The historic “retail apocalypse” of 2019 has a new victim: Dressbarn.
The Ascena Retail Group, which owns brands such as Ann Taylor, Lane Bryant, and Justice, is closing down Dressbarn, one of its line of stores that has been struggling for years. “This decision was difficult, but necessary, as the Dressbarn chain has not been operating at an acceptable level of profitability in today’s retail environment,” Steven Taylor, CFO of Dressbarn said in a statement this week.
All Dressbarn stores — a total of approximately 650 nationwide — will be closing. It is unclear when all the Dressbarn store closures will be complete. The company has also not specified when Dressbarn liquidation sales might start.
For the time being, “all Dressbarn stores are open and conducting business as usual, as is Dressbarn’s ecommerce site,” the company said in its statement. “Customers can continue to shop at Dressbarn in-store and online and use Dressbarn-branded credit cards for purchases. There are no current changes to Dressbarn’s return, refund, or gift card policies.”
When Dressbarn starts closing stores, customers can expect the standard liquidation process that we’ve seen from retailers such as Toys “R” Us and Payless Shoes. At the start of liquidation sales, the deals tend to be lame, with discounts of 10% off or less — more or less the kind of pricing that shoppers saw before the store was going out of business. After the stores have been picked over by shoppers over a few weeks or even months of liquidation sales, the discounting ramp up.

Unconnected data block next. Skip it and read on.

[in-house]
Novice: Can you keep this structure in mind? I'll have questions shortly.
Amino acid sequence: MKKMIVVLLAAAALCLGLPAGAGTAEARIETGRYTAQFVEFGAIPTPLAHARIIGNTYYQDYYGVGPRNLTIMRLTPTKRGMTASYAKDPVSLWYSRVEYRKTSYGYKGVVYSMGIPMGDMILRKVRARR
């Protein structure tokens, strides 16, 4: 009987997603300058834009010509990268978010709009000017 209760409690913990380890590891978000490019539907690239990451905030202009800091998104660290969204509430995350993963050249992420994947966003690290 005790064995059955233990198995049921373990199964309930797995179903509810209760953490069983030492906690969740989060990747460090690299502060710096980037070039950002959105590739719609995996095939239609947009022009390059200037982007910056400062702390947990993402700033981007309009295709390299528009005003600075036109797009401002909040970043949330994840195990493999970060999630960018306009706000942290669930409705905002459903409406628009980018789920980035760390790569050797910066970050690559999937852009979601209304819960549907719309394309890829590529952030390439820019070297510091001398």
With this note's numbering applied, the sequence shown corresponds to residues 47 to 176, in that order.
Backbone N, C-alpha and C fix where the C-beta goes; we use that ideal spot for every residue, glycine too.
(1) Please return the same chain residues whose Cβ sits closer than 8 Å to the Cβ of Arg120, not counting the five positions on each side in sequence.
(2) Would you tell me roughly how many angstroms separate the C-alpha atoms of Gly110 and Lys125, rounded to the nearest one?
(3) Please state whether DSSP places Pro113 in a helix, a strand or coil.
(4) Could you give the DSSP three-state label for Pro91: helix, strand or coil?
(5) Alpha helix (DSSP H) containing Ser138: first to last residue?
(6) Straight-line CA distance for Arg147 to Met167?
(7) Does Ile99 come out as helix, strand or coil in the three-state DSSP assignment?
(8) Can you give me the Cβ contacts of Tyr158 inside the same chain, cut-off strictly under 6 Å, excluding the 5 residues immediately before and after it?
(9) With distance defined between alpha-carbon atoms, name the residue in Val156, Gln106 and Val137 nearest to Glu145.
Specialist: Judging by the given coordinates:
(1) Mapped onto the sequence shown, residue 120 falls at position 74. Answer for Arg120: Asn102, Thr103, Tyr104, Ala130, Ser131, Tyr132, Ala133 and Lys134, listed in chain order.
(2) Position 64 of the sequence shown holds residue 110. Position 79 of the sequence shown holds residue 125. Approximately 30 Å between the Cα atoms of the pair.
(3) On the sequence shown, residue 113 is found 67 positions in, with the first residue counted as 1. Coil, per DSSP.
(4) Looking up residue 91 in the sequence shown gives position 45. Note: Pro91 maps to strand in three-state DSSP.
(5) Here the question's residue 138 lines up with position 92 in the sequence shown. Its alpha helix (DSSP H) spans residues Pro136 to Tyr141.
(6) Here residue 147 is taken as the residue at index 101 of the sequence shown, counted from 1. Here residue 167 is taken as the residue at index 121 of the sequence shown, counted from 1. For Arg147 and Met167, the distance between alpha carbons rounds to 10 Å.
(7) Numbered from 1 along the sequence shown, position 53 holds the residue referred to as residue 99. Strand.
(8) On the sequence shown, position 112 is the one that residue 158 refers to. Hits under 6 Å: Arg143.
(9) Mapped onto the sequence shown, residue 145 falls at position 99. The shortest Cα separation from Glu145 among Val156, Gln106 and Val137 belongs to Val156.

When are the truly best deals available at going out of business sales? For the biggest discounts, you’ll have to wait until the store is actually on the verge of going out of business. By then, of course, the selection is likely to be meager. And for all liquidation sales, shoppers should expect sales to be final, with no returns or exchanges allowed. So, even more so than usual: buyer beware.
The Dressbarn store closures arise during what’s been a brutal year for brick-and-mortar retail. Coresight Research, which tracks store closings, reported last week that U.S. retailers had announced 6,378 store closures so far in 2019, compared to 5,864 closures for all of last year.
That report was released before the announcement that 650 Dressbarn stores are closing. So, once the Dressbarn closures are factored in, we know that 2019 has already announced more than 1,000 store closures than 2018 — and 2019 is not even halfway done.
At the current pace, 2019 will easily gain the dubious distinction for having the most retail store closures in history. Right now, that title belongs to 2017, when a total of 8,139 stores closed in the U.S., according to Coresight Research.